Characterization of Groundwater in Johns and Emery Valleys, Garfield and Kane County, Utah, With Emphasis on the Groundwater Budget and Groundwater–Surface-Water Interaction (SS-172)


By: Janae Wallace, Trevor H. Schlossnagle, Kathryn Ladig, Paul C. Inkenbrandt, Hugh Hurlow, and Christian Hardwick

Johns and Emery Valley are located in Southwestern Utah in a scenic and beautiful area with a Pristine Classified aquifer (TDS < 500 mg/L) that serves nearby Bryce Canyon National Park. Water quality, quantity, and the potential for water-quality degradation are critical elements that may determine the extent and nature of future tourism-driven development in these valleys. Our data show a connection between surface water and groundwater in the valley-fill aquifer based on shared geochemical characteristics, isotopic tracer signatures, increases in water levels in wells in direct response to heavy precipitation seasons, and seepage run measurements showing streams with distinct gaining and losing reaches. A soil-water balance model shows the interaction between surface water and the sediments of the valley-fill aquifer. A basin-wide SWB shows the greatest source of recharge is from adjacent mountain bedrock and surrounding runoff followed by precipitation; discharge is dominantly from groundwater seepage to the East Fork Sevier River at the northern boundary followed by ET and well water withdrawals; average recharge to the valley-fill aquifer is ~ 9200 acre-feet/yr and average net loss is ~ 11,000 acre-feet/yr from 2017 to 2021, a time period characterized by drought. Although the long-term change in storage has been close to zero, we recommend careful water resource management for future development given the observed quick response of groundwater levels to climate conditions on shorter timescales. Because of the potential increase in growth from tourism-related development, an increased demand for drinking water warrants continuous monitoring that will assist land-use planning and resource management to maintain local water resources.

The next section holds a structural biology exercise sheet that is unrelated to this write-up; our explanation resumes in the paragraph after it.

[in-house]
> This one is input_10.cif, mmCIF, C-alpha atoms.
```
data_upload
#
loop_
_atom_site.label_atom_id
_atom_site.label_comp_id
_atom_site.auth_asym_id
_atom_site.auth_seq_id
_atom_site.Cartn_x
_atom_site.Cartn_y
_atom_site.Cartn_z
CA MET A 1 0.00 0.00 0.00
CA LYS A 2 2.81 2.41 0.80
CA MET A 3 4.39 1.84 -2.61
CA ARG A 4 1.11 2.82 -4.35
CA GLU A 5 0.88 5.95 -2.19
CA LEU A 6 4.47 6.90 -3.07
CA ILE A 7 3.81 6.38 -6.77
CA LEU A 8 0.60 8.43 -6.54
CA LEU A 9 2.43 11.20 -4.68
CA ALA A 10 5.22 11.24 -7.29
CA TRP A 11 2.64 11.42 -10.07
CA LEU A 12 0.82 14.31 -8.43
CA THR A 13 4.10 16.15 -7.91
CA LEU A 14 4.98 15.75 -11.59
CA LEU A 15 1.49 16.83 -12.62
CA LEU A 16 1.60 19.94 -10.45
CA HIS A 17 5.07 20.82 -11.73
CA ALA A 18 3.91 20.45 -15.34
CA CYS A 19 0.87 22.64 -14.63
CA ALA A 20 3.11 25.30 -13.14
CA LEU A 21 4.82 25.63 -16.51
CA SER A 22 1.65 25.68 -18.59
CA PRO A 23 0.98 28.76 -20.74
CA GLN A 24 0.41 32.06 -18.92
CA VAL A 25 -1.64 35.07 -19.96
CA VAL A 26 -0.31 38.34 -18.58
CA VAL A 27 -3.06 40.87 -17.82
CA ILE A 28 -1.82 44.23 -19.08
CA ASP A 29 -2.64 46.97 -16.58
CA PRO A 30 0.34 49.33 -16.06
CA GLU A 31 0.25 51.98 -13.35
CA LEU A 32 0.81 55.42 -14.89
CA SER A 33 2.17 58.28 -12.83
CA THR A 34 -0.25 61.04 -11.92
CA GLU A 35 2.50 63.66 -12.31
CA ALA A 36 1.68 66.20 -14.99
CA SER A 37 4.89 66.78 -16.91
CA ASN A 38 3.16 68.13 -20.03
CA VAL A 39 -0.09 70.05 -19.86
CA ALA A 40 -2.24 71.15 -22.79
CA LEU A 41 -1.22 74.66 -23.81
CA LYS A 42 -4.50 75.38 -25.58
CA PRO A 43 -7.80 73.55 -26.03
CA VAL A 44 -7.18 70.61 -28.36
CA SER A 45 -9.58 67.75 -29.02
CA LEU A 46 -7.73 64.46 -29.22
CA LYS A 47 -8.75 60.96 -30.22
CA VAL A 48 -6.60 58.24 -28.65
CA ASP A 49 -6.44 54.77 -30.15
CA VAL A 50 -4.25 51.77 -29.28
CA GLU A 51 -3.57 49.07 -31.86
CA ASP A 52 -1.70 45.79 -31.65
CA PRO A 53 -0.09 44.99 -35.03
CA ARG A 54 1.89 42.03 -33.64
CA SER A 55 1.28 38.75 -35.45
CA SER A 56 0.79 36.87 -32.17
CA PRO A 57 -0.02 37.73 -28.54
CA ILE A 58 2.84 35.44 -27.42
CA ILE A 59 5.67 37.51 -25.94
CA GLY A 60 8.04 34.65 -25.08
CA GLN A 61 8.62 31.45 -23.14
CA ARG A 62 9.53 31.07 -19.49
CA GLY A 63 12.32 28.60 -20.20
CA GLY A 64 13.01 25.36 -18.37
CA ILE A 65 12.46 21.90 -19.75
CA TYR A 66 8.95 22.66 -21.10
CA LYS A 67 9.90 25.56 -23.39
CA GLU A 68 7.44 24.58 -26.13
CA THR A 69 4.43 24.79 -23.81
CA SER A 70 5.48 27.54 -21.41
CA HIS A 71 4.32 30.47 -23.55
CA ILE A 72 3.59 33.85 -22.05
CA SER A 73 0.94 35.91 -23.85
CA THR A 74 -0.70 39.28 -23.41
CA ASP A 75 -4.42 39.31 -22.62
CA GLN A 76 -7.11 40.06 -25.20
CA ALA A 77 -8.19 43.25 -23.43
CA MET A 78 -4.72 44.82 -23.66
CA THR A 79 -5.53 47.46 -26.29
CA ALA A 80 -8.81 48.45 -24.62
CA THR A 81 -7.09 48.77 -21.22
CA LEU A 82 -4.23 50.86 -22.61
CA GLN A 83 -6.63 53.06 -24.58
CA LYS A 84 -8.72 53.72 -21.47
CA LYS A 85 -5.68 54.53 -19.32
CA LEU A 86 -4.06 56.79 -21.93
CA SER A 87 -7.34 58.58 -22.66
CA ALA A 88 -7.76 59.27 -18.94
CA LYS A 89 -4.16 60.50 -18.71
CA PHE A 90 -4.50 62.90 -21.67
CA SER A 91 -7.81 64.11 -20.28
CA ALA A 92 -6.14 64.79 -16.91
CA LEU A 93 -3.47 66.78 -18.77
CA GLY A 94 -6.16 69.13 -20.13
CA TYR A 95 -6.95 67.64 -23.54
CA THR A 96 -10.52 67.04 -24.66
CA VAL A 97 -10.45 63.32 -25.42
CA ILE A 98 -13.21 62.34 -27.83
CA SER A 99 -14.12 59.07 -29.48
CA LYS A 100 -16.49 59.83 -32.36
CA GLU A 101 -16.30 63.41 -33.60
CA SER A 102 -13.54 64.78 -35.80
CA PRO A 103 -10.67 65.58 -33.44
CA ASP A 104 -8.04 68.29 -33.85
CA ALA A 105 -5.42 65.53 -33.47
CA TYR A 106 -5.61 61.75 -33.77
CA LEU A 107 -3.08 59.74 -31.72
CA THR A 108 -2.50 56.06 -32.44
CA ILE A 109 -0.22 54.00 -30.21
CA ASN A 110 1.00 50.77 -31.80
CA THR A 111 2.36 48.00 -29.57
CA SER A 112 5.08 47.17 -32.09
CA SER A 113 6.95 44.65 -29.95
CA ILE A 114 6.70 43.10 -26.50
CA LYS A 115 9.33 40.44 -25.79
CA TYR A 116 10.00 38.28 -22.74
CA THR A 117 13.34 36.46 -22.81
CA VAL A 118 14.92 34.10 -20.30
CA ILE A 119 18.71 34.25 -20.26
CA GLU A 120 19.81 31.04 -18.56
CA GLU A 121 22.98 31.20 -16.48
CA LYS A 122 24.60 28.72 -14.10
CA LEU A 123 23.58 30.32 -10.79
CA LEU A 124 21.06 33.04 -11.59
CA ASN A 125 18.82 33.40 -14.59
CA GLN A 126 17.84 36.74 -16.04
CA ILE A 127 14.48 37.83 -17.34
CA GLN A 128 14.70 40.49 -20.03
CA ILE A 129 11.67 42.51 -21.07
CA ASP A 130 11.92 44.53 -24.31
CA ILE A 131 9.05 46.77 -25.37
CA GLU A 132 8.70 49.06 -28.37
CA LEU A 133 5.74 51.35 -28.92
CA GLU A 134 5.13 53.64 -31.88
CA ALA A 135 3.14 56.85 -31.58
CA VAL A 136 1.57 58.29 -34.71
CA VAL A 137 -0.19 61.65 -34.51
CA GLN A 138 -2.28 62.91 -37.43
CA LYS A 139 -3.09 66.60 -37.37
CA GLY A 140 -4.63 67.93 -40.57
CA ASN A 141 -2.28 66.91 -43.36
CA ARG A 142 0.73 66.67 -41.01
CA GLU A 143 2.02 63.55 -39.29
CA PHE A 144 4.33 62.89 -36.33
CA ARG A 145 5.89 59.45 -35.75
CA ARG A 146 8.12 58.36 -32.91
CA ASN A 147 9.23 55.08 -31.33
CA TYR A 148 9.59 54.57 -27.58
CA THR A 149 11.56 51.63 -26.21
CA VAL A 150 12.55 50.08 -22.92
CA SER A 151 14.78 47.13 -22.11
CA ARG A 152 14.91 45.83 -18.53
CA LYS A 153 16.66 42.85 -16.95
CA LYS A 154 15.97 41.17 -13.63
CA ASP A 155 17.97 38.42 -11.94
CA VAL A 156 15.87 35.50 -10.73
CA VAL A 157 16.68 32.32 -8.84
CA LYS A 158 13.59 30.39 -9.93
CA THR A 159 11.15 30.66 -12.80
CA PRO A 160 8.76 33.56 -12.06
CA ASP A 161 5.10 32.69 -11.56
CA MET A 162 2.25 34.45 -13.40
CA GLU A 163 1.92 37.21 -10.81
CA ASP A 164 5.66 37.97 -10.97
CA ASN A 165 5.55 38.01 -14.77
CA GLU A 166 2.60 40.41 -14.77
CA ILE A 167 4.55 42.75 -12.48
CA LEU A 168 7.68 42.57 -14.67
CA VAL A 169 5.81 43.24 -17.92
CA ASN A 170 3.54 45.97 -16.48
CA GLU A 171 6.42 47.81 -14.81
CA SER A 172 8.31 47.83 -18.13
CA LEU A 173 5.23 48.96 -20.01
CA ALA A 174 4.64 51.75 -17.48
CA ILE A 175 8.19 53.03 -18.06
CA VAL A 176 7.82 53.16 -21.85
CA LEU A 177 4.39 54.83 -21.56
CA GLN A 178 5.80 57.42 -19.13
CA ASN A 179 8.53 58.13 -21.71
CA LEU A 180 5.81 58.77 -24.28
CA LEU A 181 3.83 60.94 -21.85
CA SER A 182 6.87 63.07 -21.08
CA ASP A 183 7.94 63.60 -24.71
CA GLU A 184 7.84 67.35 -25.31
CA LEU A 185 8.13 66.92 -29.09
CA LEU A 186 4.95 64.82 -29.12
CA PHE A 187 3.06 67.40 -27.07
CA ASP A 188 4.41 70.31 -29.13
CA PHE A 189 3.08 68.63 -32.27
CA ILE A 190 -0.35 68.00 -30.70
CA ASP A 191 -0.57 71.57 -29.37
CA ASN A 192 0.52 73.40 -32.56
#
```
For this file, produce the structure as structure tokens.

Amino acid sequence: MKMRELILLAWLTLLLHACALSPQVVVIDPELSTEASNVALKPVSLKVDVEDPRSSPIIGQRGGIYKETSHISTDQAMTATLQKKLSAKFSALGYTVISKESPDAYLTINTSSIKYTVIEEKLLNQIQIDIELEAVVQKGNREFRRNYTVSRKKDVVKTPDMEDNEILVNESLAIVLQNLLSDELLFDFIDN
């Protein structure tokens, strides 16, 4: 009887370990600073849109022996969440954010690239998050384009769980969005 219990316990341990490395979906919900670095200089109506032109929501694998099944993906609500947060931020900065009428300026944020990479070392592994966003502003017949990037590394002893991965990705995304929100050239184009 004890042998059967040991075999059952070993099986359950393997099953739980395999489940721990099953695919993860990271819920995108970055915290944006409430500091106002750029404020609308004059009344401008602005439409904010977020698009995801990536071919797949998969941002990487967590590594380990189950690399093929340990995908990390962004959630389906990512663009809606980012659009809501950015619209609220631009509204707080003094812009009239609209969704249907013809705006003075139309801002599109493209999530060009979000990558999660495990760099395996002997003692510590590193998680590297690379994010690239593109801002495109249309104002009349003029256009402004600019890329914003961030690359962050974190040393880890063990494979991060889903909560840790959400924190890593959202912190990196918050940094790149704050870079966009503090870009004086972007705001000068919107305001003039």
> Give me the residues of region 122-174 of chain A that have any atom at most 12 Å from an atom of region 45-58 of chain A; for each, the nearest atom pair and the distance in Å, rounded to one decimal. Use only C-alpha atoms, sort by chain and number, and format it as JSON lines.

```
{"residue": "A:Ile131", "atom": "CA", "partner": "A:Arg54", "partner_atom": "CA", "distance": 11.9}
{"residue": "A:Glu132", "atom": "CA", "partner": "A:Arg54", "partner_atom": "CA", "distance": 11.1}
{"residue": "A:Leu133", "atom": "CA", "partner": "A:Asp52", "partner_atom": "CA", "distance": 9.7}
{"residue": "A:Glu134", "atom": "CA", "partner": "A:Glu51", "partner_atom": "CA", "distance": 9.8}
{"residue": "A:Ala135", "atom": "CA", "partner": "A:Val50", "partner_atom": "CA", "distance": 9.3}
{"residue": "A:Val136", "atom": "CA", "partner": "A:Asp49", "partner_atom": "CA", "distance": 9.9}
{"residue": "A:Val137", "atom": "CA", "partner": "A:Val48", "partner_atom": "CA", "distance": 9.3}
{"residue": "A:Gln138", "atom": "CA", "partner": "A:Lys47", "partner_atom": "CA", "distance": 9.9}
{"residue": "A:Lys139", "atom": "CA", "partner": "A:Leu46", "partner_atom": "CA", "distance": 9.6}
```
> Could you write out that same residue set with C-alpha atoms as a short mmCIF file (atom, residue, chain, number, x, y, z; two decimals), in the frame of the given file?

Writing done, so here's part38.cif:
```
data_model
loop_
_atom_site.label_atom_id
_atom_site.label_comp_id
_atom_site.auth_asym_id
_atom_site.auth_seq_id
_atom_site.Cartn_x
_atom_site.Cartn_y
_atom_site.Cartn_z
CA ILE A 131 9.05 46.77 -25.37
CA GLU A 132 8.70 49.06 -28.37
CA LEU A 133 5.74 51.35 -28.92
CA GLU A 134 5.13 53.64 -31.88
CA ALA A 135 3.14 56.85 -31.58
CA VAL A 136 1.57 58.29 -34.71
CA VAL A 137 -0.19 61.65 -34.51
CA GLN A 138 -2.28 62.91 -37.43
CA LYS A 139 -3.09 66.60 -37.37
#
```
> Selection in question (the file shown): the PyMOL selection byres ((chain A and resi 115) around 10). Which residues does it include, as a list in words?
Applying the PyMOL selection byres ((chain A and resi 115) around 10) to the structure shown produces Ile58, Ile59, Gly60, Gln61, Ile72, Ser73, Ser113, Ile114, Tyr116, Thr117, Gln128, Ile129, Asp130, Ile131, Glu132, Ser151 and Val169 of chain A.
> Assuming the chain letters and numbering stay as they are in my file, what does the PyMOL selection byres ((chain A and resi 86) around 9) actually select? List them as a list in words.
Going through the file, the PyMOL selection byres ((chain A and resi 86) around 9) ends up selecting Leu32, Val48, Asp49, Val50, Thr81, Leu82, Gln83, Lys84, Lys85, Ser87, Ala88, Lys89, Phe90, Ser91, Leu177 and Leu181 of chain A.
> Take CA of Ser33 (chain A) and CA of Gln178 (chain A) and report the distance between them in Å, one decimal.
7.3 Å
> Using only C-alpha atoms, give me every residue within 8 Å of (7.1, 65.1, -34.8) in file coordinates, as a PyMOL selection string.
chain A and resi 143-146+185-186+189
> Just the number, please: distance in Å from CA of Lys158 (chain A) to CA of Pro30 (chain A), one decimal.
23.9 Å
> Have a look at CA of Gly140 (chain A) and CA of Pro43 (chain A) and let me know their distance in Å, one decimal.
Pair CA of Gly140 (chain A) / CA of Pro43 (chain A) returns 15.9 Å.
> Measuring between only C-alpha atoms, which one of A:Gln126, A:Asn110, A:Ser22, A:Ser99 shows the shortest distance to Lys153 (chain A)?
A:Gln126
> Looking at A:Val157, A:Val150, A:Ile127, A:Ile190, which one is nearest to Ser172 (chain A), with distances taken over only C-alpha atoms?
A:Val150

Other Information:
Published: 2024
Pages: 76
Appendices: 7
Location: Utah
Media Type: Paper Publication

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